Our civilization is in crisis. Overpopulation and overconsumption have jeopardized our survival and the great promises of technology have resulted in environmental disaster. This situation, says author John Broomfield, results from the serious error the Western world makes in equating one way of knowing with all ways of knowing--mistaking a thin slice of reality for the whole. Broomfield argues that the necessary wisdom to chart a new course is available to us from many sources: the sacred traditions of our ancestors; the spiritual traditions of other cultures; spirit in nature; feminine ways of being; contemporary movements for personal, social, and ecological transformation; and the very source of our current crisis, science itself. Other Ways of Knowing shows us the wisdom of other cultures who may hold the knowledge necessary to arrest our headlong race toward destruction.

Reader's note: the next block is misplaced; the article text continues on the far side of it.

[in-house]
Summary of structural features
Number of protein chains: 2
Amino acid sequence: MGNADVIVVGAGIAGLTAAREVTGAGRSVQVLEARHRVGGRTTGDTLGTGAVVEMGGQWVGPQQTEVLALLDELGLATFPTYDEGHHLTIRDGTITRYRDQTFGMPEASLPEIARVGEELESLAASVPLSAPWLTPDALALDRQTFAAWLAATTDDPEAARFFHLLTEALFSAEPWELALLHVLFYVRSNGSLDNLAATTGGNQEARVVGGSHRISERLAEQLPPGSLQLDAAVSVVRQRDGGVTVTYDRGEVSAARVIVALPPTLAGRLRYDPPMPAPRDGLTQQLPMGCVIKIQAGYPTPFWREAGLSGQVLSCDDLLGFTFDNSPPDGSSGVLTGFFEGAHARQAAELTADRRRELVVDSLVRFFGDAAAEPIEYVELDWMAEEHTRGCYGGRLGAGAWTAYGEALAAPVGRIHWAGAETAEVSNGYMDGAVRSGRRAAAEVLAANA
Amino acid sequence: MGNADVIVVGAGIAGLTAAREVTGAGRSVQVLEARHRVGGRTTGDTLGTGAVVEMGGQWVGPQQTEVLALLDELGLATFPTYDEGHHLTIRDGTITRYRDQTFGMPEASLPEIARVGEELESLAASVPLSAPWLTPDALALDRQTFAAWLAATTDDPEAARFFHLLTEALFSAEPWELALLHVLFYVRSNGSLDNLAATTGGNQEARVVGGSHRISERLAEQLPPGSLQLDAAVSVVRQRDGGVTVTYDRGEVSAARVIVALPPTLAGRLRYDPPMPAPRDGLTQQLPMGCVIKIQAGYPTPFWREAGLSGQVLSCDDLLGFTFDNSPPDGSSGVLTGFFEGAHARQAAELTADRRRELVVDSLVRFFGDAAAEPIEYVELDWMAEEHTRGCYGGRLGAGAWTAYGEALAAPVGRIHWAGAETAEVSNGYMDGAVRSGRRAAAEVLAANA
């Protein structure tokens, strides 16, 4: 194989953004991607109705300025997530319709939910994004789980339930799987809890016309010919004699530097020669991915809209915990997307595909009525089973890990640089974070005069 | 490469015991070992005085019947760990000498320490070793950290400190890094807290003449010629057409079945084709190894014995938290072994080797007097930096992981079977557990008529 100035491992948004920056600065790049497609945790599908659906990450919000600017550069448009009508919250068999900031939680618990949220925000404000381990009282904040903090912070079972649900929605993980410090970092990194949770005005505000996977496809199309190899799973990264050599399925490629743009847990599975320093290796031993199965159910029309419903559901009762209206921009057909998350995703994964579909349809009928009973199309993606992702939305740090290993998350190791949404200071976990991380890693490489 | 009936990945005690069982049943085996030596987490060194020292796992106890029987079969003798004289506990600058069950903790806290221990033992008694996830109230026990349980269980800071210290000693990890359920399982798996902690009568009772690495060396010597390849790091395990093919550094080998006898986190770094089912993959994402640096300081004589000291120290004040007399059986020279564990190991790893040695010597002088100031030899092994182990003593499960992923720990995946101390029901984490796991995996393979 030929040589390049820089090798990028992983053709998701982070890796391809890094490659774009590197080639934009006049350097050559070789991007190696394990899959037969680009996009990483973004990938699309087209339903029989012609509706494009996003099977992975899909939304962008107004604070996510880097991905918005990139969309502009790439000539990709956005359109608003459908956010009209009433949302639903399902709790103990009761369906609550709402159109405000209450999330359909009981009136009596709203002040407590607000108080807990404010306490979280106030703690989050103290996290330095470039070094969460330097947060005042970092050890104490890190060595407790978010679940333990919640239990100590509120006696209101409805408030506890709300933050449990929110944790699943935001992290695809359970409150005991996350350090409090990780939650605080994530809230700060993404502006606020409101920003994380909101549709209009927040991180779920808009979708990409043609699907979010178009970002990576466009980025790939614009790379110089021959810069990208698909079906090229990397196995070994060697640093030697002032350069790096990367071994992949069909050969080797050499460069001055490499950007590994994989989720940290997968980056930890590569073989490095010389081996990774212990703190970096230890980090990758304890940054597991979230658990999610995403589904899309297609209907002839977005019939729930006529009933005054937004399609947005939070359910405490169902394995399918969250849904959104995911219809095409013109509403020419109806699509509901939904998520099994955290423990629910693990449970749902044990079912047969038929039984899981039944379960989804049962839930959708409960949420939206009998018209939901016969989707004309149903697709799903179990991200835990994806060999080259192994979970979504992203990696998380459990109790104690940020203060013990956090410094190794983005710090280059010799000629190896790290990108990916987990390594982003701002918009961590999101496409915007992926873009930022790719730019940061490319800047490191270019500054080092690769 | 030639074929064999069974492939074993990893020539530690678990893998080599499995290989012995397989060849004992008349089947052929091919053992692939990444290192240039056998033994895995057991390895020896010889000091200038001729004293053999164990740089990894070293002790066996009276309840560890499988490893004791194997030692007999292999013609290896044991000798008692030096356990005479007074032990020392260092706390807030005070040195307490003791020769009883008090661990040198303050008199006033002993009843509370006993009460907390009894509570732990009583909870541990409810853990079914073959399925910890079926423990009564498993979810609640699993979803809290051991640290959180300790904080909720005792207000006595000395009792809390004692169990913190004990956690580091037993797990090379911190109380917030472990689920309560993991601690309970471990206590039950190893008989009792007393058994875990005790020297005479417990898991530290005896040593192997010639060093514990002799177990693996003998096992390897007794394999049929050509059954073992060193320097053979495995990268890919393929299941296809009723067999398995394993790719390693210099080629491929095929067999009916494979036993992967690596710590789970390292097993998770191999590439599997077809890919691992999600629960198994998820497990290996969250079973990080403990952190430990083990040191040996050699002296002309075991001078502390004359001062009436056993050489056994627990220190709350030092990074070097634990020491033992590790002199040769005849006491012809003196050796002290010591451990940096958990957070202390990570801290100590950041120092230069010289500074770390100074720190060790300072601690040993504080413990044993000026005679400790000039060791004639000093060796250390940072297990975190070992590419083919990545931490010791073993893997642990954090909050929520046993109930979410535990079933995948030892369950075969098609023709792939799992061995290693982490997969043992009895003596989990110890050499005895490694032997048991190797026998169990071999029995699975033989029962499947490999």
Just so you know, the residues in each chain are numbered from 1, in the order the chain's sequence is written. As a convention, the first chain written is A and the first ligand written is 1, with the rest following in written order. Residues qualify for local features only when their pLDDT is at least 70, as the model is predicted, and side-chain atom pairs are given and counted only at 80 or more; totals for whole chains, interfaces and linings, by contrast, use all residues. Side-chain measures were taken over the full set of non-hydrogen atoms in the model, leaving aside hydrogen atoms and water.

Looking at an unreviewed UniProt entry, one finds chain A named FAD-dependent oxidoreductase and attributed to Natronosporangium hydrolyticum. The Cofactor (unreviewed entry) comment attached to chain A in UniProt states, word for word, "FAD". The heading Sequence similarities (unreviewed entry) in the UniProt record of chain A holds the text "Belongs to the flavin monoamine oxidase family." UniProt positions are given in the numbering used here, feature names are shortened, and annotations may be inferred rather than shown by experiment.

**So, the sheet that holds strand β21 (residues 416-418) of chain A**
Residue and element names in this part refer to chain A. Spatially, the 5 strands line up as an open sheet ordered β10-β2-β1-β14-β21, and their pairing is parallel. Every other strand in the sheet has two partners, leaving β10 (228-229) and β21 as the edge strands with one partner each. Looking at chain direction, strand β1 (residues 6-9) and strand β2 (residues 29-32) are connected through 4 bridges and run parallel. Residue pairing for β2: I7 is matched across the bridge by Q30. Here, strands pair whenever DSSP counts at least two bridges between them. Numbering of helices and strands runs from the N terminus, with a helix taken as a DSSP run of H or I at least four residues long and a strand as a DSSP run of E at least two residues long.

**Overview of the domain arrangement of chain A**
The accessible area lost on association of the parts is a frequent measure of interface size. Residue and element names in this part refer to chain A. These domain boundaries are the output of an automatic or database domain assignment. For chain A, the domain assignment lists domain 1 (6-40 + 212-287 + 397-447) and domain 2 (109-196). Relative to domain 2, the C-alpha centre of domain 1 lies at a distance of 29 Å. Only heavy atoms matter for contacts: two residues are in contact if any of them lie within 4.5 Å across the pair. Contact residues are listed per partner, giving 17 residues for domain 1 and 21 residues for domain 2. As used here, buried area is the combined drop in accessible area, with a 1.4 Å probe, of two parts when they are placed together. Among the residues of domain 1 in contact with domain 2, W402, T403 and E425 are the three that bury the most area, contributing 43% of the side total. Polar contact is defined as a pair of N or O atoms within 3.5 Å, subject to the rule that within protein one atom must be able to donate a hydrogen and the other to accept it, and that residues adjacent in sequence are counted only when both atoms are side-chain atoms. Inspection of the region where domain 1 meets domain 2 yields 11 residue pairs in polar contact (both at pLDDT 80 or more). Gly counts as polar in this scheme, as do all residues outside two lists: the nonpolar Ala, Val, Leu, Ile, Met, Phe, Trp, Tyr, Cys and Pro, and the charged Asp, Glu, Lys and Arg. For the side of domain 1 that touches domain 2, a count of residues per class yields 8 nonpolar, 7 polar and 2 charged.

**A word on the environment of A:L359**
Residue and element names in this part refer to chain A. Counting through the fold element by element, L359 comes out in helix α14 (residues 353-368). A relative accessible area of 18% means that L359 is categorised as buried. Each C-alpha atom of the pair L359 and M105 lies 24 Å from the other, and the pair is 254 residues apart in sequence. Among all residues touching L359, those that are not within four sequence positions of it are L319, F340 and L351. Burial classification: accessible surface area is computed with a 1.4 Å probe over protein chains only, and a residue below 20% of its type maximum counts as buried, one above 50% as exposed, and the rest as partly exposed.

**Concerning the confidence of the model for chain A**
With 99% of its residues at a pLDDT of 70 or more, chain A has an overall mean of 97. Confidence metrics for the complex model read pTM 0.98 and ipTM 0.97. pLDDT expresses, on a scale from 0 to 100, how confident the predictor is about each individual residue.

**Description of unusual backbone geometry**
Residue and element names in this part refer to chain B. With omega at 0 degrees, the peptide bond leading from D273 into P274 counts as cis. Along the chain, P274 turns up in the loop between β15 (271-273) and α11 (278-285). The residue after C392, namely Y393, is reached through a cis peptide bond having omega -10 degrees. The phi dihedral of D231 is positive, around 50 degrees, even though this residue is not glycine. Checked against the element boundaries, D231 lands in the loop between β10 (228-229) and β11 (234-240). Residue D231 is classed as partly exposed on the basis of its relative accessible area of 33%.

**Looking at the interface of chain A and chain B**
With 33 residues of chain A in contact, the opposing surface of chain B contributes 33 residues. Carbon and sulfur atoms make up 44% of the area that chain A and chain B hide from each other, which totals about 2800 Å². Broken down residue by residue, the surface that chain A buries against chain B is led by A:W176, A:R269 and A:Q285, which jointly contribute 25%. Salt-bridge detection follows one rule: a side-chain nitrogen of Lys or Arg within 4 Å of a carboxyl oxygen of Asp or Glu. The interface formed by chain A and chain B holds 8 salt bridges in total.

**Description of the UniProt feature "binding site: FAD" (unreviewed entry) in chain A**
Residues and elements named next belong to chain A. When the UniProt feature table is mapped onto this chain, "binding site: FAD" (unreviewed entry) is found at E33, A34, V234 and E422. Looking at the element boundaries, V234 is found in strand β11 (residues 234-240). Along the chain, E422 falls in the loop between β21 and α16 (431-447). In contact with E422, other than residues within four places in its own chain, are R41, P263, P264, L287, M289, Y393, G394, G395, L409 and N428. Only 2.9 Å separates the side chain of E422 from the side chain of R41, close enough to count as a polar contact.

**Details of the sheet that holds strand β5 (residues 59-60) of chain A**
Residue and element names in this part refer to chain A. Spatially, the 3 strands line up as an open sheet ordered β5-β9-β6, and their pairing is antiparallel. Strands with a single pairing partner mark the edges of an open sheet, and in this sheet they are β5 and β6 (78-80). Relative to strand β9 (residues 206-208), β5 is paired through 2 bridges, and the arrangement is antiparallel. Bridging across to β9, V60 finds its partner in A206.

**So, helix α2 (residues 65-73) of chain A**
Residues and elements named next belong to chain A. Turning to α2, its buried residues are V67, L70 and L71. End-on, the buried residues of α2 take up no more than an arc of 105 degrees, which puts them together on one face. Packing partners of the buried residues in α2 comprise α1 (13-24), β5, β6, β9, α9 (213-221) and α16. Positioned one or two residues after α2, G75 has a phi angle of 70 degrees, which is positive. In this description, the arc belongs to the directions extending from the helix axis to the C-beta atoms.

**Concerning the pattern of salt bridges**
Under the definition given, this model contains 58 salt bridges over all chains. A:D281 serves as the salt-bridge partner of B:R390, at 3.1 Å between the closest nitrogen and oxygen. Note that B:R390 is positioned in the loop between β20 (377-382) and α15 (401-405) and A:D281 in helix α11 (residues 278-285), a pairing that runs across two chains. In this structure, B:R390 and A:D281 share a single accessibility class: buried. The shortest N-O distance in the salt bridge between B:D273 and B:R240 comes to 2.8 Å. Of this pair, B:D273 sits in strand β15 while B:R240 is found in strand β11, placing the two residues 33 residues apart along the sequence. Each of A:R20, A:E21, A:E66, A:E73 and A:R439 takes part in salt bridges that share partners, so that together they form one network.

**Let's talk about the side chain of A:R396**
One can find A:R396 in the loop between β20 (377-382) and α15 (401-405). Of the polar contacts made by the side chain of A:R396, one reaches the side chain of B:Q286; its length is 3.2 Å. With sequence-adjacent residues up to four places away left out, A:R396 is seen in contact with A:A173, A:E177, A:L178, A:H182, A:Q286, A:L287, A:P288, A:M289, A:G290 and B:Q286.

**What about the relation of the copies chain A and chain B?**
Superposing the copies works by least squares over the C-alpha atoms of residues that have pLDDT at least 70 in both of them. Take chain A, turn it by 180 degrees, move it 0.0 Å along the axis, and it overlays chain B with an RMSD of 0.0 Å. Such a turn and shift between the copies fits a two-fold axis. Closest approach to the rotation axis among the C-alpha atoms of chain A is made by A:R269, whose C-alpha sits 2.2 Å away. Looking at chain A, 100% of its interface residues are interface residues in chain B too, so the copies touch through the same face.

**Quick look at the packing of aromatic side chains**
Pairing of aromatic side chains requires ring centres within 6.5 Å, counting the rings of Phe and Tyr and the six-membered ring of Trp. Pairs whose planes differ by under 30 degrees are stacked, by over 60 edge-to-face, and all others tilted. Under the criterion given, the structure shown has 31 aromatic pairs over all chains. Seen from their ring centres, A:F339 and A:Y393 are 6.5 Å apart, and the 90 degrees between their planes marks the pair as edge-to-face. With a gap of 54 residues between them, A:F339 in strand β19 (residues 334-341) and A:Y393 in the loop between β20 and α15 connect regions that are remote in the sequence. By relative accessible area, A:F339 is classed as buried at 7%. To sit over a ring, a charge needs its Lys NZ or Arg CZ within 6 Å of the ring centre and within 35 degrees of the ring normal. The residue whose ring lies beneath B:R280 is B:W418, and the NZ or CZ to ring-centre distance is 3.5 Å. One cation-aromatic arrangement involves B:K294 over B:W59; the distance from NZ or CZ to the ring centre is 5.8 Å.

From the ancient Polynesian navigational technique of remote viewing to the formative causation theory of Rupert Sheldrake, Other Ways of Knowing examines perceptions and practices that challenge the narrow perspective of the Western world and provide answers to the complex questions that face us as we move into the next millennium.